When I was younger, my “weird” version of family really bothered me because I compared myself to other people and what their families looked like – from the outside. But that’s just it – I saw their families from the outside and most likely projected my ideals onto them, even if that wasn’t necessarily their reality either. Who knows? Maybe their families were even weirder than mine! And of course, as one grows up and meets people from different walks of life, one begins to realize that all KINDS of families exist out there and that, just because I grew up in Edward Scissorhands-town where all family units seemed to be derived from the 1950s mold, not everyone had the standard, formerly stereotypical family. It felt good to realize this and it felt good to let it go.

That’s not to say that certain things about “family” don’t really toy with my emotions and/or generally piss me off. To begin, yes, it does make me a bit sad that my soon-to-appear kid won’t have little cousins and lots of aunts and uncles with whom to share memories with. I have one sister, divorced, (that I never see) who happens to have kids that are either 15 or 9 years older than my soon-to-appear kid; G has one brother who isn’t tied down and who doesn’t have kids. Between the two of us we have one aunt and one uncle to offer our kid and two cousins, both boys. It’s slim pickins’ for the little one, slim pickins’.

That makes me sad. What pisses me off is the fact that my father’s side of the family, father included (and yes, biologically I do have a father) kind of threaded through life pretending I didn’t exist – type of “out of sight, out of mind” just because I lived in another country. And the irony here is that THAT family is typical in so many ways and there are lots and lots of cousins and second cousins, etc that would MORE than make up for the lack of siblings G and I have to offer … but alas, that entire group is pretty much a non-issue due to the way things worked out in my life. As a result, they’ll be a non-issue for the soon-to-emerge kid.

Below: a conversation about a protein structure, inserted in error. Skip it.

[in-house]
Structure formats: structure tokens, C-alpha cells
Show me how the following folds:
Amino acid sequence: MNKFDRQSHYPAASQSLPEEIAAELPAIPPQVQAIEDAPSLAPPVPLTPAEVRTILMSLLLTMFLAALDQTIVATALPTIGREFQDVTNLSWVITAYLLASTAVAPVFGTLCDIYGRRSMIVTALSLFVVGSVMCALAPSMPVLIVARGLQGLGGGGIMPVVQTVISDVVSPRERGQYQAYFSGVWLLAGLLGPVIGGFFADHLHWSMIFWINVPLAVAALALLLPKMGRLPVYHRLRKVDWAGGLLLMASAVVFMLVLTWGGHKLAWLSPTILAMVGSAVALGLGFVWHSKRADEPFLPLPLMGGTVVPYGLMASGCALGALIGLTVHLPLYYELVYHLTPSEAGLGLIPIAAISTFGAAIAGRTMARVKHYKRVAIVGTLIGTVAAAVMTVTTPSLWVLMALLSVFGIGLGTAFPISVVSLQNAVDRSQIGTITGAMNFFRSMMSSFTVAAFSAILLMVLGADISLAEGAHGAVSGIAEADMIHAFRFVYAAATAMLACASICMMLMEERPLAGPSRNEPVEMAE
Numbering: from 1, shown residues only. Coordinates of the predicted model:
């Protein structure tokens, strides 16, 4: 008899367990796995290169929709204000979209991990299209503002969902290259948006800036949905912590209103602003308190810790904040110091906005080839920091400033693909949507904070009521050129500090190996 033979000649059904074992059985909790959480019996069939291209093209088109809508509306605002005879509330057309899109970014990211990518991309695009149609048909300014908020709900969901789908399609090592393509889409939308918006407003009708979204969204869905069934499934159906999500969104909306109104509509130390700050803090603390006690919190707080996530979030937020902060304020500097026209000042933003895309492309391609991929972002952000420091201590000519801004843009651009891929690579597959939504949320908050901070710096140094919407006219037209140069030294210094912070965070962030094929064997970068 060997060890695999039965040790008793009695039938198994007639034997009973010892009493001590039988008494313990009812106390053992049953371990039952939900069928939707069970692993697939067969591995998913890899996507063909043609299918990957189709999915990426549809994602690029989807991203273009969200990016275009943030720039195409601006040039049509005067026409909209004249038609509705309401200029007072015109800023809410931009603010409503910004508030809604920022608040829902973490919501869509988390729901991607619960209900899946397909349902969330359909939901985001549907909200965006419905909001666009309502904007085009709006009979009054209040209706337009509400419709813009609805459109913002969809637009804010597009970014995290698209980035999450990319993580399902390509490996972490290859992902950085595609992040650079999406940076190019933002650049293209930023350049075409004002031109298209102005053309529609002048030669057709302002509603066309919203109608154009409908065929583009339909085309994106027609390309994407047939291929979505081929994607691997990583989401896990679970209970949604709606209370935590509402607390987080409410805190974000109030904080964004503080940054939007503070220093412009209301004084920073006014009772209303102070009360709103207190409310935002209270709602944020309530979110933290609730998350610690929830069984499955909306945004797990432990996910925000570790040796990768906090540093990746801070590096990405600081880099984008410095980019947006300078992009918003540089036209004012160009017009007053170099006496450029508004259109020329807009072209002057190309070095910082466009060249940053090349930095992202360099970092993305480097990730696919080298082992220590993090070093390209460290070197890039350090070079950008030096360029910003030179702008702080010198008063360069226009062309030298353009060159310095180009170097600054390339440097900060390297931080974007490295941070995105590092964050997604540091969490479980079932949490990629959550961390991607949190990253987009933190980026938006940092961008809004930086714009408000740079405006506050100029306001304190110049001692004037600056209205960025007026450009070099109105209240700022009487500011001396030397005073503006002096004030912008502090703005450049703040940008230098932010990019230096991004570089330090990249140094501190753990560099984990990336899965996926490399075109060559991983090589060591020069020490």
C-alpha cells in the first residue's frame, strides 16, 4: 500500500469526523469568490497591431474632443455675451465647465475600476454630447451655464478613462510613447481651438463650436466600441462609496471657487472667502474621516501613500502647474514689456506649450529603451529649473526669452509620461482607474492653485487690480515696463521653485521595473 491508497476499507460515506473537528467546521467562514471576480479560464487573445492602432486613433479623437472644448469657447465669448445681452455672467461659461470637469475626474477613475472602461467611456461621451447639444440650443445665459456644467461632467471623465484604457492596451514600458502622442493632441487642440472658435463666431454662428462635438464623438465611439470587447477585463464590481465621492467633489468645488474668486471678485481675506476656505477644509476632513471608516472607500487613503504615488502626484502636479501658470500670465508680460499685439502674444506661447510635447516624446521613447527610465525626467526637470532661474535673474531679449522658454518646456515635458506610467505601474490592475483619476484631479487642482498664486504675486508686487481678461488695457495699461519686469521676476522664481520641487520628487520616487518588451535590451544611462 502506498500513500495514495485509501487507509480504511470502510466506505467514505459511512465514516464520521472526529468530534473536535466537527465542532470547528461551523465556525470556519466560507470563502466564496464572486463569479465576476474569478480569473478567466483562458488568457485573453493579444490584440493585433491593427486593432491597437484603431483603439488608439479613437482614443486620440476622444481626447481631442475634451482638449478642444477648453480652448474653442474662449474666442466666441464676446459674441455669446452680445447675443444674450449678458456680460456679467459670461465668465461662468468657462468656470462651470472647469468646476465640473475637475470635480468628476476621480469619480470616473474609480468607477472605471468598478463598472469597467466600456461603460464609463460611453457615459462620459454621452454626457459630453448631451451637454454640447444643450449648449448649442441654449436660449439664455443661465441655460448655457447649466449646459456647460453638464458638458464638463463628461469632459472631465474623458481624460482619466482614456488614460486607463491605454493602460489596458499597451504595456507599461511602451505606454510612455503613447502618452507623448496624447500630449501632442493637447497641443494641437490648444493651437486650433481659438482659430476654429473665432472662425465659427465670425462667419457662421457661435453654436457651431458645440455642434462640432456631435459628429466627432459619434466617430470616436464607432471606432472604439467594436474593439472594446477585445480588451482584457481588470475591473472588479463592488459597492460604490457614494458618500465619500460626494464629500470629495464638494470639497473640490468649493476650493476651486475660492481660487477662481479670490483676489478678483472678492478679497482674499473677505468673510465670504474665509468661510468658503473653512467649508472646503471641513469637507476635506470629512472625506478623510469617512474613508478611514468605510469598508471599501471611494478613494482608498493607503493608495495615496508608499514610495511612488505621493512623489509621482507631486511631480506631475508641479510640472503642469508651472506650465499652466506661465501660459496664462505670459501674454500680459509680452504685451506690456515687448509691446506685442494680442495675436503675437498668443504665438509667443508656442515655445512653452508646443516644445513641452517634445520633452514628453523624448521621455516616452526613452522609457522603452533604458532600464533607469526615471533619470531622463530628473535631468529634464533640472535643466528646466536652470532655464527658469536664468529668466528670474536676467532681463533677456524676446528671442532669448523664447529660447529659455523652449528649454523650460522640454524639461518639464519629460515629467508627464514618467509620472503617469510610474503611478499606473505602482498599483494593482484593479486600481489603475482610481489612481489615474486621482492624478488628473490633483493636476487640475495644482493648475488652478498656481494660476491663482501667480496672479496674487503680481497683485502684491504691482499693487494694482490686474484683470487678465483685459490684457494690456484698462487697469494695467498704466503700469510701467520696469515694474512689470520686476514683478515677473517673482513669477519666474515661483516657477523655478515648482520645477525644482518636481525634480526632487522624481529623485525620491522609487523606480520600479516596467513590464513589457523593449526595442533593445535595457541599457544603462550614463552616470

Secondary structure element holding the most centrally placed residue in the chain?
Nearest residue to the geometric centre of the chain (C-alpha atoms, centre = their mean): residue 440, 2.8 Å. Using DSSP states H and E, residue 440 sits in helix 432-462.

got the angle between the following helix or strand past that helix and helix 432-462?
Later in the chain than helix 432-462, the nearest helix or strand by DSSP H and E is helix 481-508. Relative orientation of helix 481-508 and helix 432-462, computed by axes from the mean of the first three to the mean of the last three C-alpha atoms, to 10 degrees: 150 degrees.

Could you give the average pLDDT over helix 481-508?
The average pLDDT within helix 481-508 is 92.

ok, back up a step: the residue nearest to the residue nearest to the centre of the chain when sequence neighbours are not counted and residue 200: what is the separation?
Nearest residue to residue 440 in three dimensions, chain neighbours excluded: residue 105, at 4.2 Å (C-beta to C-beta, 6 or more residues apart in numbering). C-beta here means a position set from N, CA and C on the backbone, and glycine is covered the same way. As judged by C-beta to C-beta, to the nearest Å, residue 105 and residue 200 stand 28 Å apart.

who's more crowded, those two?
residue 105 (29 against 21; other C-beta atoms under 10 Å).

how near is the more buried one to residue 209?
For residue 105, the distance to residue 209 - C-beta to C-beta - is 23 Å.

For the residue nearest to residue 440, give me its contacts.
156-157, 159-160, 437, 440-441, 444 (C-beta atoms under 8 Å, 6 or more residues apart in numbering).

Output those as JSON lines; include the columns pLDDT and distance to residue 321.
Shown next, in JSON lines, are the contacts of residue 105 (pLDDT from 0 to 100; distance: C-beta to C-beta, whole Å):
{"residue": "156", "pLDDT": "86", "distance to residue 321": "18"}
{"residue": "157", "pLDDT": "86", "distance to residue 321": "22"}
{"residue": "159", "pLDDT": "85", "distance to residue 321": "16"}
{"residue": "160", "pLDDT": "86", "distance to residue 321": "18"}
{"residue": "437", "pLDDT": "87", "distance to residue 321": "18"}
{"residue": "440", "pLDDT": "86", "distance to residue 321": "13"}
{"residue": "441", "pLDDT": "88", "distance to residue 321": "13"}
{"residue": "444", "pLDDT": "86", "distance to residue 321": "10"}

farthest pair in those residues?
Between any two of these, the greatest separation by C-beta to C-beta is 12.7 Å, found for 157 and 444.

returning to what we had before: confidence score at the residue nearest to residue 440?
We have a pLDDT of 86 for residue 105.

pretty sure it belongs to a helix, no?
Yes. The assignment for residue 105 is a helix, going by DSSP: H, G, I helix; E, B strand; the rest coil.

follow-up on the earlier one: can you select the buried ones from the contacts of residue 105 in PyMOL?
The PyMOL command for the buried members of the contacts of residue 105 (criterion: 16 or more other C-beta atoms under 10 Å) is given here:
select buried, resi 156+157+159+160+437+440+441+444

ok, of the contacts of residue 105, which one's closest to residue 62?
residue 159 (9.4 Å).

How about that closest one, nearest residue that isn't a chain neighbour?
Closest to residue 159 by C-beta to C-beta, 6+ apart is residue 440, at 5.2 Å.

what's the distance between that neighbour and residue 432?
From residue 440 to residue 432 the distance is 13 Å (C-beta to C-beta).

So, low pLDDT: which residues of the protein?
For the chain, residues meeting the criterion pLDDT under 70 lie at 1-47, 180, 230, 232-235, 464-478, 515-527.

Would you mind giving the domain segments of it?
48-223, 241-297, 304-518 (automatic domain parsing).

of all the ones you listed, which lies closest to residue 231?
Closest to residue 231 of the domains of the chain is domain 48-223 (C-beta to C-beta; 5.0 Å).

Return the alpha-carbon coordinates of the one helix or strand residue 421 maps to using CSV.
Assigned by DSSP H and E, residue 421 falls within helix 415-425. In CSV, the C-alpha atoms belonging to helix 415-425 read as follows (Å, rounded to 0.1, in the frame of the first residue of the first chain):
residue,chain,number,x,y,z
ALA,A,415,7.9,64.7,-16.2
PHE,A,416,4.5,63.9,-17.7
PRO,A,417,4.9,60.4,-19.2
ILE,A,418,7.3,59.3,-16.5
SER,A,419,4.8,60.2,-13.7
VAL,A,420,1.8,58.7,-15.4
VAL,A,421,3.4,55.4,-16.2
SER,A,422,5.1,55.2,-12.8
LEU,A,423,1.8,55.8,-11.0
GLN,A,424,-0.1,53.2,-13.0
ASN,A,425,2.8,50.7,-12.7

My immediate family now consists of my husband, my beloved Obi and of course, my mom. Soon we’ll add a daughter. I think about G’s kid’s version of family and I actually think it’s awesome. They have an active mom and dad, they also have a stepmom (me) and will soon have a stepdad. Then they’ll have a half-sister (the current pea-in-the-pod) and I’m sure that their mom will likely have more kids and so then they’ll have yet another half-sibling. In addition to this, they have three or four uncles, all of whom have small kids ages 2 months – 6 years old. Despite not living in a “traditional” mom and dad household, they truly have a lovely version of what is family. For them, family get-togethers are truly family get-togethers.

I think the best those of us with the non-traditional sense of the word family can do is embrace the people that matter. I know this sounds simple and elementary but at the end of the day, I realize that as time passes the “traditional” family has morphed. It no longer includes JUST your dad or JUST your mom. It no longer includes only a sister and a brother, uncles, aunts and cousins. And it might just be a mom, dad and dog or mom and daughter. Or uncle and son. There are a million variations and everything seems pretty legit.